Voices from a Haitian hospital: Bullet wounds, shortages and frustration
'We refocused our entire emergency room' because of demonstrations
Stanley Cesaire manages to mug for the camera, with a smile full of chipped teeth, despite the fact he's recovering in hospital with two bullet wounds in his lower legs. He says Haitian police shot him during protests last week in Port-au-Prince.
"You see this?" the 21-year-old part-time mechanic says, gesturing to his legs, "The president sent the police to come shoot young people."
Cesaire says he was at a protest "fighting for our rights" when police cracked down and opened fire. For its part, the Haitian National Police say they've been using rubber bullets to squash the protests, not live fire, although they are investigating two gunshot incidences.
Gangs of young men have joined the protests with arms clearly visible.
Cesaire's message, like that of so many others in Port-au-Prince, is clearly directed at President Jovenel Moïse.
"We were standing up for our rights. And now look at me," says Cesaire, "If the president wanted to, he could put work out there for us. That way young people could have jobs. That way you wouldn't have a lot of frustrated youth like us."
Since Feb. 7, protests have erupted across Haiti over billions of dollars in allegedly misappropriated government dollars and a miserable devaluation of the Haitian currency, the gourde.
More than 10 gunshot victims from those protests were treated at the not-for-profit Bernard Mevs Hospital. It opened its doors to the gunshot victims after the general hospital closed its emergency room when a Molotov cocktail was thrown into its yard during protests.
"They call me whenever there is a situation," says Alexa Brierre, the 29-year-old hospital administrator. She says the victims were bystanders, participants, gangsters, even police.
"We refocused our entire emergency room to treat gunshot victims," she says.
The hospital is now dangerously low in supplies of oxygen, blood, anaesthesia and other medicines.
"We need O positive, we need A positive, we need B. We need everything," says Marlène Dambreville, a lab technician, "I called the Red Cross last night and waited for four hours to talk to someone. Finally I talk to someone, and they tell me they don't have blood."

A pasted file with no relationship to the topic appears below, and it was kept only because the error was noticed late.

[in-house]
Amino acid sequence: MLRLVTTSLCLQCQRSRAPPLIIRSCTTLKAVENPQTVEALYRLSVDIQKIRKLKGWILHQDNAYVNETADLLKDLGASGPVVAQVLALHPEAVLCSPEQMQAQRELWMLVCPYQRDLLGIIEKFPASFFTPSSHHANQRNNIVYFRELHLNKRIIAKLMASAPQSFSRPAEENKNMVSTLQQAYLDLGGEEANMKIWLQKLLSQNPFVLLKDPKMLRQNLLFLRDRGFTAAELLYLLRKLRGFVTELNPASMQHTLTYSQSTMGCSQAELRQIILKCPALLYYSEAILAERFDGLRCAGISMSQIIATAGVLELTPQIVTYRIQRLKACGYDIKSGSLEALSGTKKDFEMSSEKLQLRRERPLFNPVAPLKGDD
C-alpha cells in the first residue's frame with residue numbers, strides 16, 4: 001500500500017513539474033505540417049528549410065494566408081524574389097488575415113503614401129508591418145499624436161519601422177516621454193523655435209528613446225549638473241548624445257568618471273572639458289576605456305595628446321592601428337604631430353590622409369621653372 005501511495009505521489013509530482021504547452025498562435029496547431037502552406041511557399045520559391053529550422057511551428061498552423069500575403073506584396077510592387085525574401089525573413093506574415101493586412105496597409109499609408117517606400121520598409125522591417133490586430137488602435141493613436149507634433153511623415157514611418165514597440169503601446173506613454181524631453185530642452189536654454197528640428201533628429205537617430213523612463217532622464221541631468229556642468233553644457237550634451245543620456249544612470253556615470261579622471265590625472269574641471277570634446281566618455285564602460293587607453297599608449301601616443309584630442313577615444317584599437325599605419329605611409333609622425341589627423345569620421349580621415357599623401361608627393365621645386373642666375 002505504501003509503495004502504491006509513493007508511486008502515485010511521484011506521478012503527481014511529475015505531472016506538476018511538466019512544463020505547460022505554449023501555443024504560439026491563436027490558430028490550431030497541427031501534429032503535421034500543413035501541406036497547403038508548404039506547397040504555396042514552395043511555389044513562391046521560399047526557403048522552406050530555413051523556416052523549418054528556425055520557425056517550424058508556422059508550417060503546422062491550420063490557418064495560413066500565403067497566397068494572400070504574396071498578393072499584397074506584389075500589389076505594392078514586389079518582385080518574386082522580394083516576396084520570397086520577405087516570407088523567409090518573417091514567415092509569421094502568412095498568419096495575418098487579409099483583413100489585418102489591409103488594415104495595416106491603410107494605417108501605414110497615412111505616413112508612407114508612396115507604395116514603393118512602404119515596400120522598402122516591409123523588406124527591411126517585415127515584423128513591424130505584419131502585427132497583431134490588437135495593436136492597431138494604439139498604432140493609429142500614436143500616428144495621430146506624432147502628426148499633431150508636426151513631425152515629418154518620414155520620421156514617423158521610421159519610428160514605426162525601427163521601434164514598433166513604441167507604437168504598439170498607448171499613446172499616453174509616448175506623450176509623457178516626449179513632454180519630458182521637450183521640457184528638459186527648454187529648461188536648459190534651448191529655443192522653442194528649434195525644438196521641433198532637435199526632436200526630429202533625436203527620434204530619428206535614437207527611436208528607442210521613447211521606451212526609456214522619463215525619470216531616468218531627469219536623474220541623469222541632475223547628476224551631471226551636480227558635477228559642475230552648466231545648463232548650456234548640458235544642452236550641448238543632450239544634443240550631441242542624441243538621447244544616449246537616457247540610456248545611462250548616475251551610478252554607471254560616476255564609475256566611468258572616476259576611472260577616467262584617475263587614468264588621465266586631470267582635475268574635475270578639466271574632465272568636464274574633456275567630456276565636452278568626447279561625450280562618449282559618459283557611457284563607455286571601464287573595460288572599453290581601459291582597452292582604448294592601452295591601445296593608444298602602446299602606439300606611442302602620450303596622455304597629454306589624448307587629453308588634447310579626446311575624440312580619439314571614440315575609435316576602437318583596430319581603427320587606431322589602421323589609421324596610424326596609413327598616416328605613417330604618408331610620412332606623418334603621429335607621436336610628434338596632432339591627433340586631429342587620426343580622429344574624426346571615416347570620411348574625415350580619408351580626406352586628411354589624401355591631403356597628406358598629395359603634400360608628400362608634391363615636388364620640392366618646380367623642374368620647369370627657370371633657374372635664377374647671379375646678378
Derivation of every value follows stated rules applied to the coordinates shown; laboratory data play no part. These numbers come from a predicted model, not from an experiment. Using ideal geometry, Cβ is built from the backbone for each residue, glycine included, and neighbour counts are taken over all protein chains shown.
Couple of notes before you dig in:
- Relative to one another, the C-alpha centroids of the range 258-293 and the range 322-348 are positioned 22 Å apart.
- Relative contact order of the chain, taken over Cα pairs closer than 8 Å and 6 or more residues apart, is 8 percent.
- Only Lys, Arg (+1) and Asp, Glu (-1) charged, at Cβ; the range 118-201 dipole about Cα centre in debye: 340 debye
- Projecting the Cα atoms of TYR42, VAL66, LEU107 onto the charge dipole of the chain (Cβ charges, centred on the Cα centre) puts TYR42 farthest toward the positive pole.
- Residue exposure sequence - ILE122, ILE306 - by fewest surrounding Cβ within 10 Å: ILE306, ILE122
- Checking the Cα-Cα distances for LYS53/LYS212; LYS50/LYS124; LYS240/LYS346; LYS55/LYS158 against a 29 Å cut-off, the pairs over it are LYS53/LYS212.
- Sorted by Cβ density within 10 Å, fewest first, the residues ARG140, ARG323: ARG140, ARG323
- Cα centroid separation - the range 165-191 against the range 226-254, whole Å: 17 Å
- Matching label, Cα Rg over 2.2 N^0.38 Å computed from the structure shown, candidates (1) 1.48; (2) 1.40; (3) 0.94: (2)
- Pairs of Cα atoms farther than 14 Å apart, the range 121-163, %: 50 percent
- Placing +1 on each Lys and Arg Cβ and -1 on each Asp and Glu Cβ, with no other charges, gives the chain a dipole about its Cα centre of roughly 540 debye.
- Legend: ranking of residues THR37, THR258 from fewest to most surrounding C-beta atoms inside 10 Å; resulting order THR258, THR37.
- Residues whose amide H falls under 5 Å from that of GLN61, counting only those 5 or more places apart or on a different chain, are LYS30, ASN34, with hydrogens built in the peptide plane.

Dambreville says that even though Monday was quiet, the hospital is still trying to catch up after nearly two weeks of chaos. And beyond the professional challenges she, like everyone working here, expresses frustration over the bigger challenge of how to fix the country.
"We have to fight. We have to fight for the change, you know?" she says, "When you have nothing, you are crying, crying, crying. Nobody saw you. You have to do something. You have to fight, OK?"
Emergency medical technician Roc Wickelson says the relative calm outside the hospital on Monday doesn't mean it will stay that way.
"We don't know what will happen in three hours from now," says Wickelson. "People can't eat, they can't feed their families. The poverty and misery is much worse compared to the last years."
The gourde is running around 86 to $1 U.S. It's worth around half of what it was worth in 2010, after the major earthquake, and salaries have not kept up.
A group of Canadian medical volunteers with Team Broken Earth was working at Bernard Mevs Hospital last week and gave some much needed relief to Haitian staff, who were sometimes unable to even reach the hospital because of the protests and roadblocks.
"I was so grateful they were here at this time," says Dr. Rivette Monaly, "They slept at the hospital."
For Haitians like Cesaire, though, more of the fix needs to come from within.
"Things are expensive, in this country. Food is getting more and more expensive," he says, " Why are they mistreating us like this? We are Haitians living in a dog-eat-dog world."